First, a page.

Fart Proudly





The best scatological words are onomatopoetic. There. That sentence should remove any chance of sounding as gleeful as a fifth-grade boy who just learned to make his armpit fart. (Or should that party trick have a different name, as its toot arrives reeking only of boy body odor?) I tried using the medical definition first, but “flatus expelled through the anus” only makes me want to giggle, which takes us right back to fifth grade.

I was a gassy child, tormented daily by the fear that a squeak would escape. “Letting one rip,” the boys called it, far easier with the flesh than I. My poor mother, appalled by bodily functions but eager to raise a healthy child, made an effort to find pleasant euphemisms. She especially liked “breaking wind,” though I could not imagine a wind that fragile. Punch it hard, slap it or hurl it away from you, and it only kept blowing. An early lesson in implacable nature.

Today, I can laugh. I squeak, my husband squeaks, friends in yoga class squeak. Even the dog squeaks, darts a bemused glance at his hindquarters, then looks at us as though we did it. But when I was a child, these scandalous sounds and smells felt more like mortification than an impromptu symphony.

By the time I reached my teens, I was hotly defensive. Why did people act like passing gas was rude? (And why did they use “pass,” the verb of death?) Bodies have air inside, sometimes too much air. It is not our fault that this air smells like a rind of Limburger dunked in a sewer.

How much pain and frustration I could have saved myself, had I tossed aside Nancy Drew years earlier and picked up brainy Benjamin Franklin. Namely, a short anthology of his lesser-known writings, titled Fart Proudly. It opens with a rather awful poem that identifies its intended audience as “He that is conscious of/A Stink in his Breeches.”

Merrily, Franklin proceeds. He pens “A letter to a Royal Academy,” in which he reminds other enlightened scientists of the universal fact that “in digesting our common Food, there is created or produced in the Bowels of human Creatures, a great Quantity of Wind.” Fetid wind, offensive to others—especially after the consumption of “stale Flesh, especially with much Addition of Onions.” This causes the well-bred to “forcibly restrain the Efforts of Nature to discharge that Wind.” And the reward for their delicacy? Diseases, ruptures, and tympanies (?) “often destructive of the Constitution, & sometimes of Life itself.”

That might sound melodramatic, had I not just glanced at the questions on Google: “What is in a fart?” “Why do I keep farting?” “Why do my farts smell so bad?” Kind children’s authors are now easing anxieties with Freddie the Farting Snowman and Frank the Farting Flamingo: A Story About a Flamingo Who Farts. For adults, pandemic lockdown brought the creation of a tongue-in-cheek website for the Invisible College of Experimental Flatology, complete with a clever slider that lets you create dramatic new fart sounds. Angst lingers in the air, however: one article notes a distressing connection between loudness, odor, and humidity, observing that farts redolent of hydrogen sulfide tend to be both louder and wetter.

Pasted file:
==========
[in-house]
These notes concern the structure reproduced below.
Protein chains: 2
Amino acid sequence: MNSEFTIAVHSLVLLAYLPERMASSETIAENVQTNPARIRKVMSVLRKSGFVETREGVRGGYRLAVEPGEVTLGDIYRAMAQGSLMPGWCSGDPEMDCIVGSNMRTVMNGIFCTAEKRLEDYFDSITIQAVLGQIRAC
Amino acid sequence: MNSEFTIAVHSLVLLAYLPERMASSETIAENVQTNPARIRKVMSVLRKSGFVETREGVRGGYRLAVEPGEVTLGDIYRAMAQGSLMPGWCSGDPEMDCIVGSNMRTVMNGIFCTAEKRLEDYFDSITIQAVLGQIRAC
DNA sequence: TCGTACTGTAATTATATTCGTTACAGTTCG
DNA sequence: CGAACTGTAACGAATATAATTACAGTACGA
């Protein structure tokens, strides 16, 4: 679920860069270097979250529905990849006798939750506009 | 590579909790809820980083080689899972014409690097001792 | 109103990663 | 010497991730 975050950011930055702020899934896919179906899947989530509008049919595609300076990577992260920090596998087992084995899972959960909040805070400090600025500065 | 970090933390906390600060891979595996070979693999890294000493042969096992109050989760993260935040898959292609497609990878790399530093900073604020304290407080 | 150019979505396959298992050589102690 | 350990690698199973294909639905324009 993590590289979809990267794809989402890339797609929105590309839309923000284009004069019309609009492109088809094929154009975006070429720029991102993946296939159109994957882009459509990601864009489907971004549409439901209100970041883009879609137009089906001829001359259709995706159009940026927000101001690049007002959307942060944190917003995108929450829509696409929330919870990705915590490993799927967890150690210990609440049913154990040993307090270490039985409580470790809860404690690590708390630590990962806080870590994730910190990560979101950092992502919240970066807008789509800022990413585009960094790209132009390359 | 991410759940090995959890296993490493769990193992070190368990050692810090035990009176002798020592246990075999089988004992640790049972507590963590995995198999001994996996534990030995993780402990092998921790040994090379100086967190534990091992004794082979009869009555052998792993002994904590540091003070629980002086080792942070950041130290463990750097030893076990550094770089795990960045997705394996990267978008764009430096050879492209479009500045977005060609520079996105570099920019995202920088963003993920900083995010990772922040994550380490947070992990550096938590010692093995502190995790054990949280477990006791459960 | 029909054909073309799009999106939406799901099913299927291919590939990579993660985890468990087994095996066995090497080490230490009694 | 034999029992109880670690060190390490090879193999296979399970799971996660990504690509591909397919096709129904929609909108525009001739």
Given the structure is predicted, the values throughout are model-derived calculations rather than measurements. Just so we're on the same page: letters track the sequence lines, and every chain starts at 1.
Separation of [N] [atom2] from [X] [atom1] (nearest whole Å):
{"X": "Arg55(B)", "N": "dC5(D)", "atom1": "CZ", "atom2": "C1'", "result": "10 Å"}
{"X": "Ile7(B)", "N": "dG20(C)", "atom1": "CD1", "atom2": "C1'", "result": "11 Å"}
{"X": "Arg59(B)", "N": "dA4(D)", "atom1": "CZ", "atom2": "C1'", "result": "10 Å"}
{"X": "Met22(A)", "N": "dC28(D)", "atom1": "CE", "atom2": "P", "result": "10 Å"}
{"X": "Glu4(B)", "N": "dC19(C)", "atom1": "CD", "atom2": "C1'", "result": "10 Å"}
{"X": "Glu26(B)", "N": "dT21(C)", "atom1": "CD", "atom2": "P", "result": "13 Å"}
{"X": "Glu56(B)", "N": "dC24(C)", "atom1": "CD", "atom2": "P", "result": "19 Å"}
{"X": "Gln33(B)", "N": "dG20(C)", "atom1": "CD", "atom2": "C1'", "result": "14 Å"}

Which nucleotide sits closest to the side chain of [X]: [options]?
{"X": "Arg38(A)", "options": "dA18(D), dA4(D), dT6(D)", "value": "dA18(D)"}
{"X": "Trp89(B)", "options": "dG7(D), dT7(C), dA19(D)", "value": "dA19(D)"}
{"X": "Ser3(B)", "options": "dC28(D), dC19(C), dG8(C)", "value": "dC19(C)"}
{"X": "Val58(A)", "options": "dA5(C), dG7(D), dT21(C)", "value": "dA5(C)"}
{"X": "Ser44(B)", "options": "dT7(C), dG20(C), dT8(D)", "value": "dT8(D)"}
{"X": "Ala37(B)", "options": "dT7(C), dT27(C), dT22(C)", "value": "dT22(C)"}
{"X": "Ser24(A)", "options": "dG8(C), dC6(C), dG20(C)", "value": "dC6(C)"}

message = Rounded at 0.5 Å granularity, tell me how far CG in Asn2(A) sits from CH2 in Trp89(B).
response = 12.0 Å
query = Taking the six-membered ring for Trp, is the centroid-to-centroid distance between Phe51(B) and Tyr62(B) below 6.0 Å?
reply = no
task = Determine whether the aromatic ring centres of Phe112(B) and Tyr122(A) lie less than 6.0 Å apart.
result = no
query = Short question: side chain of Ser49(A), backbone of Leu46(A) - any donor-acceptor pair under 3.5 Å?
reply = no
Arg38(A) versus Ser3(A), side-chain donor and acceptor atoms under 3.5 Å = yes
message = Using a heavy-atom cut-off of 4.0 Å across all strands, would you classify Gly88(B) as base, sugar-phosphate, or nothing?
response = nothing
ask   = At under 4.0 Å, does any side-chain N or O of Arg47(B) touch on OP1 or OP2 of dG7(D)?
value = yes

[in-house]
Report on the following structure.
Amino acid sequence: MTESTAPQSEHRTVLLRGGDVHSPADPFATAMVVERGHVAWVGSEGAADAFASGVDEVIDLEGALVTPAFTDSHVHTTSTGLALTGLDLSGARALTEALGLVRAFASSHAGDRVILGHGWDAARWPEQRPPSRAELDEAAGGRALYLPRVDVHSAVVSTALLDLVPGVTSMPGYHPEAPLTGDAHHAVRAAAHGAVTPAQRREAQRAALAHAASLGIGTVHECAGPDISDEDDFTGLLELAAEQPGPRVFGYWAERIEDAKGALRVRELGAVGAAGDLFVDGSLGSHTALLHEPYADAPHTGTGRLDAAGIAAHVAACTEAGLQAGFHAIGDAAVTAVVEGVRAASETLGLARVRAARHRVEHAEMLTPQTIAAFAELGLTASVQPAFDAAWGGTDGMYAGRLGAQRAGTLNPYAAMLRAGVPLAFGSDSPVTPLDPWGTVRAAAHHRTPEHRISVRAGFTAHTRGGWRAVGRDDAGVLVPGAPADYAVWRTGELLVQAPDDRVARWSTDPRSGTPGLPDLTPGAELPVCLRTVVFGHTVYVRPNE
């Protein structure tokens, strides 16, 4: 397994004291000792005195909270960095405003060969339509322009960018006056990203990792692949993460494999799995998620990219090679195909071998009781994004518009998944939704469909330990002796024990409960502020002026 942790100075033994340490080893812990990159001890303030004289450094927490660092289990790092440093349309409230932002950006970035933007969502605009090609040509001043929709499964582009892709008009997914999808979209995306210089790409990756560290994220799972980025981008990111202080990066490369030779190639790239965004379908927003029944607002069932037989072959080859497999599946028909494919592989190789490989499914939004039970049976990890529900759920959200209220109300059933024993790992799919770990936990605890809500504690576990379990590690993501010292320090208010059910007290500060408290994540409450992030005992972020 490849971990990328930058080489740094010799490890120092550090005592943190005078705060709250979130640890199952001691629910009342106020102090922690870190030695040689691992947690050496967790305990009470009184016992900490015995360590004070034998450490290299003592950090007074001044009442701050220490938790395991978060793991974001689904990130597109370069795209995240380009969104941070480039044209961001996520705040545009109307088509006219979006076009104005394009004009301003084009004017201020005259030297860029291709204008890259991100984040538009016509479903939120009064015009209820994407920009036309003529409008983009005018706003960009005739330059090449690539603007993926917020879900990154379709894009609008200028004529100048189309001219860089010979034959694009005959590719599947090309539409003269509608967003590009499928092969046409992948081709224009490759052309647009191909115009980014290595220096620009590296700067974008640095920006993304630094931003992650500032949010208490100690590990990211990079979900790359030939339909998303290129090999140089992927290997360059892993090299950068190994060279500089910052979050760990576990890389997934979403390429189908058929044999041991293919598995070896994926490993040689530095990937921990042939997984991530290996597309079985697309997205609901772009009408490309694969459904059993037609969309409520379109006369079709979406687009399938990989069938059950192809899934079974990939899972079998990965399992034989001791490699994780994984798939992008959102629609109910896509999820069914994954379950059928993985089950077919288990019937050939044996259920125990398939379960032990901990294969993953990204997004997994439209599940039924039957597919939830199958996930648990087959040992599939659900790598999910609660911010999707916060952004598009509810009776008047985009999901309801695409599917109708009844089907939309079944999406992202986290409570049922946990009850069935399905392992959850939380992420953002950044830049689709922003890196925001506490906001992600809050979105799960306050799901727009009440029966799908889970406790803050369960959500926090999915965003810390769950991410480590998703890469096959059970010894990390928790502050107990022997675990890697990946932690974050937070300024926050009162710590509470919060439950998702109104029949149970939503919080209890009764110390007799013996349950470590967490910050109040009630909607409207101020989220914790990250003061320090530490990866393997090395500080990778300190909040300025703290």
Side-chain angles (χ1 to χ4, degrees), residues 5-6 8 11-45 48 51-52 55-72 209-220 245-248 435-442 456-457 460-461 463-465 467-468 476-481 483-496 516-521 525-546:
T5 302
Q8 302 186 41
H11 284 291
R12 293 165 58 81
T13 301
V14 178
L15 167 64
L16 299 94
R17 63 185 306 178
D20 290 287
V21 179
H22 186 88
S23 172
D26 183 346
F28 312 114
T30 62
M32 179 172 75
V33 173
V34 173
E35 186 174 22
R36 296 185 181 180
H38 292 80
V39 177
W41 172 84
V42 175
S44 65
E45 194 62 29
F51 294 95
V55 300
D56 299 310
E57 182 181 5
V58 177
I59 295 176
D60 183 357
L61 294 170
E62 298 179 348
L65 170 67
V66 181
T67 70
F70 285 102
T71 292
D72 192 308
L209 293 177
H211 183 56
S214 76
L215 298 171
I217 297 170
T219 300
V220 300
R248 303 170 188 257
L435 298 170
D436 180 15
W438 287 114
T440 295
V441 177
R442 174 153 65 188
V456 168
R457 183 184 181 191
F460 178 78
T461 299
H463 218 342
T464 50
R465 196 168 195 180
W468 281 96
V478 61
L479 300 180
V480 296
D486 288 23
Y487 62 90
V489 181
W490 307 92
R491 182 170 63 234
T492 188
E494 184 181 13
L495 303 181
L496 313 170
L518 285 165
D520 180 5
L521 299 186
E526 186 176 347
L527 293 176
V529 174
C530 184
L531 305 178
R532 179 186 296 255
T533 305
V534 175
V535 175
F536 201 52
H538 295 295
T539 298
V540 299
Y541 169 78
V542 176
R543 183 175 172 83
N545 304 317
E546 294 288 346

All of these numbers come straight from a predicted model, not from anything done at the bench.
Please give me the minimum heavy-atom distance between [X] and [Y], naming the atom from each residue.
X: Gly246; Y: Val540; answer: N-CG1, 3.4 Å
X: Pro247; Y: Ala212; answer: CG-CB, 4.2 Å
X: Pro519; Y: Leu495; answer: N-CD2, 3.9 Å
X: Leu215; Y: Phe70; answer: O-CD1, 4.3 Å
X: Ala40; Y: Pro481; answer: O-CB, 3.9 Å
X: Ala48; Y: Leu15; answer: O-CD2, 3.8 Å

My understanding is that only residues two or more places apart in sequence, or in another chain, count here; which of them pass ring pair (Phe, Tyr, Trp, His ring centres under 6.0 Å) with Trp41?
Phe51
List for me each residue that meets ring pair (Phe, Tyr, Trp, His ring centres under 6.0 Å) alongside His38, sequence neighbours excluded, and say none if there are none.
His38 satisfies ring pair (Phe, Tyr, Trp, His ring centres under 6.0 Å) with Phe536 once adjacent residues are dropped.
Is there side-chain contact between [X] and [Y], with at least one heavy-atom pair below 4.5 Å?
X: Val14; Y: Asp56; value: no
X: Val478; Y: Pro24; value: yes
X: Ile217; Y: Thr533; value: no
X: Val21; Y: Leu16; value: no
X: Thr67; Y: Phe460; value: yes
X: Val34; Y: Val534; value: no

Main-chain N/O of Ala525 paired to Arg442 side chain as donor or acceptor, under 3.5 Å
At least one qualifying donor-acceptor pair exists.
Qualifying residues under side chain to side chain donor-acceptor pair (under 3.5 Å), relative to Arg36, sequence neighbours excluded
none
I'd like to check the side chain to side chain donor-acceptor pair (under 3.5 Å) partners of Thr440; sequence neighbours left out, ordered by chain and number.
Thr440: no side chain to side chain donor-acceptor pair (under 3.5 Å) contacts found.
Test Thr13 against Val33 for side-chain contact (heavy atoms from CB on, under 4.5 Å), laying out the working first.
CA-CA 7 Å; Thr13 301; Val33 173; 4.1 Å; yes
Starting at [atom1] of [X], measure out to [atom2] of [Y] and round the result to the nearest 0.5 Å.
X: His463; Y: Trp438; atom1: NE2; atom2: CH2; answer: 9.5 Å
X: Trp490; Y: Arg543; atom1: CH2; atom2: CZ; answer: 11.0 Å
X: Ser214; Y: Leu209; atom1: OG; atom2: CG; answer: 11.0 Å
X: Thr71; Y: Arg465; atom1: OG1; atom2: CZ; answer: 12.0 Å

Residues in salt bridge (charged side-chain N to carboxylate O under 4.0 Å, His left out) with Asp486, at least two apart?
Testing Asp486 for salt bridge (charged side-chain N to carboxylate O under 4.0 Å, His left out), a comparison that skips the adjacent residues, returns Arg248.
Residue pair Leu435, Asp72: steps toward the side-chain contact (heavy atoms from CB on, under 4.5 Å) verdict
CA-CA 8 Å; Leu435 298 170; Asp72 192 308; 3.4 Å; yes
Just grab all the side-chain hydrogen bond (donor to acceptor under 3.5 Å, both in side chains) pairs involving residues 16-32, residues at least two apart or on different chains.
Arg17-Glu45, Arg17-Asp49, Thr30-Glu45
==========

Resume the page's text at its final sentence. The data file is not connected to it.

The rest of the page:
And with that, let us return to Franklin, who proposes a Prize Question as a challenge to his pretend Academy. Discover a wholesome drug that can be mixed with food to render the wind as agreeable as perfume. After all, he continues, a few Stems of Asparagus can change the scent of our Water; why not find a way to alter our Wind? He defends his proposal staunchly, pointing out how many people it would ease. “Are there twenty Men in Europe at this Day, the happier, or even the easier, for any Knowledge they have picked out of Aristotle? What Comfort can the Vortices of Descartes give to a Man who has Whirlwinds in his Bowels?”

With his customary flair for society, Franklin sketches a future in which a host, after inquiring whether his guest preferred Claret or Burgundy, would then ask whether they prefer “Musk or Lilly, Rose or Bergamot, and provide accordingly.”

I close the book smiling. Soon I will break wind, and I will do so with majestic force, as Prospero summoned a storm in The Tempest. Flatus is “a blowing,” and why not let the winds blow through our bodies? The odor is indeed unfortunate, an unhappy reminder that eye of newt and toe of frog might as well be stirring in the cauldron beneath our skin. But the esteemed Doctor Franklin has managed a bit of alchemy, not by inspiring a new pharmaceutical invention (we have so few), but simply by addressing this bit of human nature with a schoolboy’s relish.

To me, this seems the best possible use of celebrity. People we already admire can speak freely about what might otherwise shame us. Dreaded cancers in unspeakable places, icky and unfortunate quirks of the flesh, addictions and affairs and insecurities. Not only do we permit them to raise such topics, but we find it endearing, and their glow is not the least bit diminished in the aftermath.

We make them gods, and they help us to be mortal.


Read more by Jeannette Cooperman here.